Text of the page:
Tags

The singer is visiting Paris, perhaps for the first time. He is young but not a kid, and to be here is clearly a long-held ambition realized, something that’s a little bit of a wonder even to himself. This is me, he thinks. In Paris! Me! Everything he sees reminds him of the books he’s read and the art he’s admired, and he knows he should be appreciating this on some deep intellectual level but he’s frankly just too excited:

     And here comes Les Miserables
     It’s one of my favorite novels
    But it’s so serious
    Hope it’s not too rude
    But I’m not in the mood

So he proposes a toast instead: “Jump Jump,” jump around and have some fun to honor Rimbaud and Vincent Van Gough and the life-affirming power of their art. But also “jump” as in “jumping off,” of using them as an inspiration to create your own art, honoring them that way:

    Jump Jump
    To the poets and verse
    Jump Jump

   To the ones who came first

Here is a healthy respect for standing on the shoulders of giants, but also an appreciation of the necessity of taking a leap of faith off those shoulders. Which is just such a cool thing to write a song about.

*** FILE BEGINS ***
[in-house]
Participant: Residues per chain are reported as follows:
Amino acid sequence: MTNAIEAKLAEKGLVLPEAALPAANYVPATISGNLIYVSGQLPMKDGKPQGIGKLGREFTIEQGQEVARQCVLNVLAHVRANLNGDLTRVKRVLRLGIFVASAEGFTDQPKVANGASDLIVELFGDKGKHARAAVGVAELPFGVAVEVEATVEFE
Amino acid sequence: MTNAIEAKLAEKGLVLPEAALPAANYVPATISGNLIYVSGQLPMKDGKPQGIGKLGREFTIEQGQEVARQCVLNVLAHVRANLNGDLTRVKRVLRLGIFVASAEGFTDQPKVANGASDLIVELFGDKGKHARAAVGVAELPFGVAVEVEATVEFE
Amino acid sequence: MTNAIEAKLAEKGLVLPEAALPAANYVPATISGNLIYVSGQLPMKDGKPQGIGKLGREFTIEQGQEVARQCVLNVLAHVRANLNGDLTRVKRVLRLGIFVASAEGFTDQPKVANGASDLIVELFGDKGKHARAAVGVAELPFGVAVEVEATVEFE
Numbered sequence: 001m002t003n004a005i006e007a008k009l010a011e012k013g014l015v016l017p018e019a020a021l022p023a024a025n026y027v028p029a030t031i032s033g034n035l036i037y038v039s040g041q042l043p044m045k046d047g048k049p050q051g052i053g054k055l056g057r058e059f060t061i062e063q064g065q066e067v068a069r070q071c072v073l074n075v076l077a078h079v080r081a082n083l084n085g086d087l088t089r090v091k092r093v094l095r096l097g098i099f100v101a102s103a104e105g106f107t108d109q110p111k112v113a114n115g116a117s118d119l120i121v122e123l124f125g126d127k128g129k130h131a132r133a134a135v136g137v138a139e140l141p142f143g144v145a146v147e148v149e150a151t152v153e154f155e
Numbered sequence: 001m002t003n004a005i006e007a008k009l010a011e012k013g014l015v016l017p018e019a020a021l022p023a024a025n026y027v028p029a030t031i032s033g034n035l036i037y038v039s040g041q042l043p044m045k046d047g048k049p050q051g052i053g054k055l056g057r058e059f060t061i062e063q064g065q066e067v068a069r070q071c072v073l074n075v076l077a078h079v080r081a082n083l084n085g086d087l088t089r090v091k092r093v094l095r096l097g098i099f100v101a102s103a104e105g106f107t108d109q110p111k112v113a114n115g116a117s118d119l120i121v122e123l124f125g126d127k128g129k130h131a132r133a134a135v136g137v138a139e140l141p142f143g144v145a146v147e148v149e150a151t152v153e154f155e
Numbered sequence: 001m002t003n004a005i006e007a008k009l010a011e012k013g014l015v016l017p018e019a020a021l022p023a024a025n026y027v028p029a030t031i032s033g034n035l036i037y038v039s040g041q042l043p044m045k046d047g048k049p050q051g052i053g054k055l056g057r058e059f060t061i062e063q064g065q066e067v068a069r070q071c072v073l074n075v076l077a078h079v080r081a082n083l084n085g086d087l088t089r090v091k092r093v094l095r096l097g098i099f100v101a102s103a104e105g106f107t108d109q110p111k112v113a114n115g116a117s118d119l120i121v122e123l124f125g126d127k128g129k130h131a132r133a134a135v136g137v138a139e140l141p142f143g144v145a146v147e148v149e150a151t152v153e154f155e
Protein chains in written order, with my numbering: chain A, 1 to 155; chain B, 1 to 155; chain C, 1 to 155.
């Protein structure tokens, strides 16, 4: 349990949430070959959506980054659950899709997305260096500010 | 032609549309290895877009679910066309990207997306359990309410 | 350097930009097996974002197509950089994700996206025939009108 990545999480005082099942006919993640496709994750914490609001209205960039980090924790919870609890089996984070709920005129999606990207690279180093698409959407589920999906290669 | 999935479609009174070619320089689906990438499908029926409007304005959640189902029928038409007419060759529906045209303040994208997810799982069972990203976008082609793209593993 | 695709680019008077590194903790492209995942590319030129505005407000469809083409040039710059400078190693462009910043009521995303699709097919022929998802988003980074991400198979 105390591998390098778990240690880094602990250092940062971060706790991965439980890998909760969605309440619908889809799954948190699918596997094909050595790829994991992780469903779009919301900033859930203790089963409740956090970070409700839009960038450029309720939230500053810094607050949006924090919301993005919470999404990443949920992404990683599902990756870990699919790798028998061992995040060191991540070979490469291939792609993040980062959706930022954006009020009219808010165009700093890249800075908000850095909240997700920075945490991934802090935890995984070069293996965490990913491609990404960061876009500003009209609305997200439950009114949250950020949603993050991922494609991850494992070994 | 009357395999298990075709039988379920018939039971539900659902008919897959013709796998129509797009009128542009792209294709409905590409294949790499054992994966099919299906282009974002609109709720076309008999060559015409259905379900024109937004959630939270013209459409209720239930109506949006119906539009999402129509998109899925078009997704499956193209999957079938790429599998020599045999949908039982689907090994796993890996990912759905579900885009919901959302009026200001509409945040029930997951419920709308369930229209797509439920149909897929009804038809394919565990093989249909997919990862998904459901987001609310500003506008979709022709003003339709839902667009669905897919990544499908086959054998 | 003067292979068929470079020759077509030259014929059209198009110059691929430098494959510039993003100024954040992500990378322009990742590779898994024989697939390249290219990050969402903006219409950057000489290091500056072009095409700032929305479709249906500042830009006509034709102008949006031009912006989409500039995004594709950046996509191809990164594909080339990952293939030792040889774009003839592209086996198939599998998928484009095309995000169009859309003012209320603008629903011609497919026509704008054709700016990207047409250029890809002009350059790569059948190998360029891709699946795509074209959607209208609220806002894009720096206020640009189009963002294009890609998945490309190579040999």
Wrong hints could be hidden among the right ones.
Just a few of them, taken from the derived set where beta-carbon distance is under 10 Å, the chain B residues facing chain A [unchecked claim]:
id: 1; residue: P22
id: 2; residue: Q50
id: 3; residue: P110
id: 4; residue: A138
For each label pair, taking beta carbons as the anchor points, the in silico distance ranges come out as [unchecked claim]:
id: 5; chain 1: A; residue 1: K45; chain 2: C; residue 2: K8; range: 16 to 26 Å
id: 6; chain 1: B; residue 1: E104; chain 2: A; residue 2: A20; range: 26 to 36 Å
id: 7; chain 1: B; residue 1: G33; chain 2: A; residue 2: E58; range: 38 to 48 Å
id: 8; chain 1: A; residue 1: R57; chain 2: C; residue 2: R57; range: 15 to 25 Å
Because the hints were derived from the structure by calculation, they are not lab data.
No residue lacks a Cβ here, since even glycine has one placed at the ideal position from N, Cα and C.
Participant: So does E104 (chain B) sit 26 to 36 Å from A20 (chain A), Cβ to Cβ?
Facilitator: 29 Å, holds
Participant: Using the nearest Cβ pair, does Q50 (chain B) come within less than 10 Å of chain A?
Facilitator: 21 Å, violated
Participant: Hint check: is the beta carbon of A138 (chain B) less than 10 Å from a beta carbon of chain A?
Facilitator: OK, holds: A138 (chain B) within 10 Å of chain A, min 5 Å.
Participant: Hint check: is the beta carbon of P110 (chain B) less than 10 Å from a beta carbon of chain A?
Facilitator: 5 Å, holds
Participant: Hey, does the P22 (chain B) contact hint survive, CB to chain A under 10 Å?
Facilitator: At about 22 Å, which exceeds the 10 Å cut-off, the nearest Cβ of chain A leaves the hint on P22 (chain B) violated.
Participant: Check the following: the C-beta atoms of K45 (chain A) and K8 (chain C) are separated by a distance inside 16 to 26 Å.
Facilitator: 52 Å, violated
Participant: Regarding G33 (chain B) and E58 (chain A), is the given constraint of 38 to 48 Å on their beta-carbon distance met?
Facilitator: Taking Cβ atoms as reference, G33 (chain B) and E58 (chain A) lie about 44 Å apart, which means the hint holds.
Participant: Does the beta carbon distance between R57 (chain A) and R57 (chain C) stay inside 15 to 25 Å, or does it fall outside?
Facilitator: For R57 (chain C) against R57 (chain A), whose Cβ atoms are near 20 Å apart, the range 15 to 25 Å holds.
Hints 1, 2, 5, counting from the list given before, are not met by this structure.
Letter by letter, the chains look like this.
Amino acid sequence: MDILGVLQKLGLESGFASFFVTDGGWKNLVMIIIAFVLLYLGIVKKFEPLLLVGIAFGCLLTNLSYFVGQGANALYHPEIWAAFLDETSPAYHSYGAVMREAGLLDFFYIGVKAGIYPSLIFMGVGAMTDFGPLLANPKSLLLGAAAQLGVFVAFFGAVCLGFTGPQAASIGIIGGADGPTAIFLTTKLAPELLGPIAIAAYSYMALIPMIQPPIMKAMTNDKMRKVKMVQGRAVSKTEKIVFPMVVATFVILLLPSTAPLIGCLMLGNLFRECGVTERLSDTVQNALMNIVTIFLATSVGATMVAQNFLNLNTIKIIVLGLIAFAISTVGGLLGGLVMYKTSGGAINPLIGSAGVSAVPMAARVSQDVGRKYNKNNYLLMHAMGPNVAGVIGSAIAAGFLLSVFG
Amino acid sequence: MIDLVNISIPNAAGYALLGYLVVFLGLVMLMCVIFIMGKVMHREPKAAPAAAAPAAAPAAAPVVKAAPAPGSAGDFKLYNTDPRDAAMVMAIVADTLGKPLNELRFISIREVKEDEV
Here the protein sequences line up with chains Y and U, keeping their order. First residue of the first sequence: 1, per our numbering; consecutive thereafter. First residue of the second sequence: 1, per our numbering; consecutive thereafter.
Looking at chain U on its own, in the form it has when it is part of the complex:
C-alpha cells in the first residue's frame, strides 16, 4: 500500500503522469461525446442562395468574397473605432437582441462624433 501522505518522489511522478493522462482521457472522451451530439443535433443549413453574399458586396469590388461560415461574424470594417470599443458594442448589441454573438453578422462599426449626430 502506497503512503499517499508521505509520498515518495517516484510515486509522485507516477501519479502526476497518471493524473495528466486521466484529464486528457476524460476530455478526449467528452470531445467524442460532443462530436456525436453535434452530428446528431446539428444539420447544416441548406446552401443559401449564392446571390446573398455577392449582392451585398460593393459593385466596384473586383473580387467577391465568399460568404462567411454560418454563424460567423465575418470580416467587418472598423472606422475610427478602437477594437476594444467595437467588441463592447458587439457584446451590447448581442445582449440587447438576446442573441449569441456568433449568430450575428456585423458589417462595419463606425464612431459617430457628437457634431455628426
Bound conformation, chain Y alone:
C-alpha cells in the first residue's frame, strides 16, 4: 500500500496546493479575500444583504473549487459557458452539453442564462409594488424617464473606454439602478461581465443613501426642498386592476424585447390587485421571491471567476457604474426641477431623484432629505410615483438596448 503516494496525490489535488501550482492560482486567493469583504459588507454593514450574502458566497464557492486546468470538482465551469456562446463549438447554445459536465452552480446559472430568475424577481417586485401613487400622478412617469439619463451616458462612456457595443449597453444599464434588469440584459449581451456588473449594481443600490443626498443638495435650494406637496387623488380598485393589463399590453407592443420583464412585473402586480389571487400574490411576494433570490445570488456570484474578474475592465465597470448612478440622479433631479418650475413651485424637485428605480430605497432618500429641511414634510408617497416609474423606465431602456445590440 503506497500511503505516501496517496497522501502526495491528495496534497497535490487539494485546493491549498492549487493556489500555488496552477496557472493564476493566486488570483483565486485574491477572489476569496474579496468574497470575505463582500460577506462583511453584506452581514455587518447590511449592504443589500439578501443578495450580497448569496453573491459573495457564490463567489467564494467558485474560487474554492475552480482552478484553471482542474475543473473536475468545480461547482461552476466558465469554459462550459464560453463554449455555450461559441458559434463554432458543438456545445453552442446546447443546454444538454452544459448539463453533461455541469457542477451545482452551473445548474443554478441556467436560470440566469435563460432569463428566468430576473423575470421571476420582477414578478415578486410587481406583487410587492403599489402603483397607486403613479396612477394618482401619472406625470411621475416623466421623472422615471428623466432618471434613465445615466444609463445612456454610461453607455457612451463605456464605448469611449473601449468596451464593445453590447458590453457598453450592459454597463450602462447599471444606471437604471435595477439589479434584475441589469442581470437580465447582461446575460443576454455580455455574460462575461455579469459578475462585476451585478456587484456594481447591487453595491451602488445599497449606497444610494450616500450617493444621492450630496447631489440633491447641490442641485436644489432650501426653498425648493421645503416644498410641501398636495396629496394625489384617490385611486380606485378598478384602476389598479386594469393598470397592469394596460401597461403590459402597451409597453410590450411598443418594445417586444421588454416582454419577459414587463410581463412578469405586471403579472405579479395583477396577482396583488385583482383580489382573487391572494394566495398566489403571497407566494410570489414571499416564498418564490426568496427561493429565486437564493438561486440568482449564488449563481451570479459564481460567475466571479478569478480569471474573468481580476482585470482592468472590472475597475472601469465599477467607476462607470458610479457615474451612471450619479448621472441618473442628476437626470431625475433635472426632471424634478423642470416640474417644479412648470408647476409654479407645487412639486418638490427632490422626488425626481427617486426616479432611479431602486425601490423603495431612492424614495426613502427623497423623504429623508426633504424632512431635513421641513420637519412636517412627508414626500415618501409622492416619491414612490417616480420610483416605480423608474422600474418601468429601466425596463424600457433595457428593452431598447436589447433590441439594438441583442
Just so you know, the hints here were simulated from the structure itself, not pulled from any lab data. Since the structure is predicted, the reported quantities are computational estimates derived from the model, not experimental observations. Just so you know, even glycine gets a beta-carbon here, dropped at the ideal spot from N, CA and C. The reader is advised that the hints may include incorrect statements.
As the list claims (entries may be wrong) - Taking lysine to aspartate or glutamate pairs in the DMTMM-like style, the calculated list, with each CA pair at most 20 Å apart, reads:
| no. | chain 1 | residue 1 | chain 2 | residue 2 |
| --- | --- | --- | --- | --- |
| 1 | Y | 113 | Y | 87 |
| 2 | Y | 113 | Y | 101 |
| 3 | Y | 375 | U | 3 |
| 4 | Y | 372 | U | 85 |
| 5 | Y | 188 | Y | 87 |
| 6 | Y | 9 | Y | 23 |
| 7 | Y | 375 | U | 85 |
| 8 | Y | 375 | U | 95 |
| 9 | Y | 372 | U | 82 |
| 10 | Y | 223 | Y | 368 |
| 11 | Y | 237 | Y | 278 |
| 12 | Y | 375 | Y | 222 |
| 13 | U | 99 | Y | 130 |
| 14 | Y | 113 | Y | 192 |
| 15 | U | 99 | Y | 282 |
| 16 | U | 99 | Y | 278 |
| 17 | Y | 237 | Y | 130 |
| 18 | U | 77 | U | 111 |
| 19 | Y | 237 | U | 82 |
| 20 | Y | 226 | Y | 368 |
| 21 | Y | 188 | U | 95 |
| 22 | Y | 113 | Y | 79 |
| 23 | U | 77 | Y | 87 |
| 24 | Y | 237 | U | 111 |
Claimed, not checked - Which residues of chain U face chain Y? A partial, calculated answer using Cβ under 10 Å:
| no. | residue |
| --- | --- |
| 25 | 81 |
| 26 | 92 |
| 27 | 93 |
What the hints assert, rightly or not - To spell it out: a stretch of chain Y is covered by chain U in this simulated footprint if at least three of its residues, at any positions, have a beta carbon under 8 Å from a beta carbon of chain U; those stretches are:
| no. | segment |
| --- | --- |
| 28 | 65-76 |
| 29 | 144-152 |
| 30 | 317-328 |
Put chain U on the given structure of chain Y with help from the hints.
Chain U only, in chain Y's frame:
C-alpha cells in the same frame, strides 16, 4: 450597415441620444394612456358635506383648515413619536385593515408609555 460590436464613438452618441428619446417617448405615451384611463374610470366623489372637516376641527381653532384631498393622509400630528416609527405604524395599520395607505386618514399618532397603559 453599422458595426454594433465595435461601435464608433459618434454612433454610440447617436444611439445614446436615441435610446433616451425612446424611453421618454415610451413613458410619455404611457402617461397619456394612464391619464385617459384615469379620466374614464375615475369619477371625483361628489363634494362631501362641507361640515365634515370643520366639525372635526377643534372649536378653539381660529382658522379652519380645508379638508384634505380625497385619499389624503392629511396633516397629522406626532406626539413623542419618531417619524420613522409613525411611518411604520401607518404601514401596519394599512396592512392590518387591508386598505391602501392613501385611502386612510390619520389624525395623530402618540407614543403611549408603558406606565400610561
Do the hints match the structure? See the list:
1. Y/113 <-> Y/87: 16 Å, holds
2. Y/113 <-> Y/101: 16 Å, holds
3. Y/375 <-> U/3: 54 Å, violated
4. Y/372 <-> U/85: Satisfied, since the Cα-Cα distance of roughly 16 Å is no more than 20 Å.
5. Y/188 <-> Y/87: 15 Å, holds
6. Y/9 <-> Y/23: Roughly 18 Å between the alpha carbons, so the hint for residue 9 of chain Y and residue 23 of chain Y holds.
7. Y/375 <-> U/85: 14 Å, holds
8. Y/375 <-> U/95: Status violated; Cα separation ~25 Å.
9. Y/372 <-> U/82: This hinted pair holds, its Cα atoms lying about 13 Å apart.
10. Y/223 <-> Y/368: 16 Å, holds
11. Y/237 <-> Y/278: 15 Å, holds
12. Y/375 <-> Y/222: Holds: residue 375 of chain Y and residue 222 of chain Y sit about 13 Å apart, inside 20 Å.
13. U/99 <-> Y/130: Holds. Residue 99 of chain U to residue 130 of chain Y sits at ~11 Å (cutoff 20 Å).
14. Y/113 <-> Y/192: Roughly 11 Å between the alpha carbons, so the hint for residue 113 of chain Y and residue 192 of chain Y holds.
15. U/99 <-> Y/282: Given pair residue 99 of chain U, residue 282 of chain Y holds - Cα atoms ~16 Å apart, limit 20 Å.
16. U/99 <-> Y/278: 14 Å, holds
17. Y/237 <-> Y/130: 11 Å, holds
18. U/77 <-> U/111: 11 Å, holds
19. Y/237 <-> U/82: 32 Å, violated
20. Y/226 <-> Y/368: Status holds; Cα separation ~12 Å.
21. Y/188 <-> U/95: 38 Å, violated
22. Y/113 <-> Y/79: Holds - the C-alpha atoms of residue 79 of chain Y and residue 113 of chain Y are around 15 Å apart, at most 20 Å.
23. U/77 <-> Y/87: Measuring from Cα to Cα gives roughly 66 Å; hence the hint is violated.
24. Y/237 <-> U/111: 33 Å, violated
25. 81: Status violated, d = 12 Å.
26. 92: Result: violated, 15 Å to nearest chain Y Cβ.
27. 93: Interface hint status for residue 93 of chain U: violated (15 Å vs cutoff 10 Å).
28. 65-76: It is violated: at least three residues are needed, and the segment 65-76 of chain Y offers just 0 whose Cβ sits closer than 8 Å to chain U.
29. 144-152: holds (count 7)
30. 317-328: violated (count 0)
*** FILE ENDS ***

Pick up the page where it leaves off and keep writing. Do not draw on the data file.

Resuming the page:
Garland Jeffreys is another of my heroes from the seventies who never hit the big time but also never stopped touring and recording, which makes him still one of my heroes (see Elliott Murphy). I saw him twice, once in the mid-eighties, once in the early-nineties, and both times he rocked his heart out to a small though supportive crowd. Garland’s first album, Ghost Writer, is a classic, with many essential tracks, including the title song, “New York Skyline,” “Wild in the Streets,” and the wonderful fantasia on Latino national themes “Spanish Town.” He had a big hit in Europe with “Matador,” though I think “Livin’ for Me” is the more radio-friendly song. “Jump Jump” is from a 1981 album called Escape Artist where Garland recruited two members of the Rumour and two members of the E Street Band and went for a a bigger stadium rock sound. It doesn’t completely come off, but I love it anyway. He can still uncork a good one now and then, such as “Coney Island Winter” from just a few years ago. You can find most of these on YouTube, uploaded by Garland himself with gracious, self-effacing but proud notes. I’ll bet in his heart he still harbors hopes of the big time.

paris

Advertisements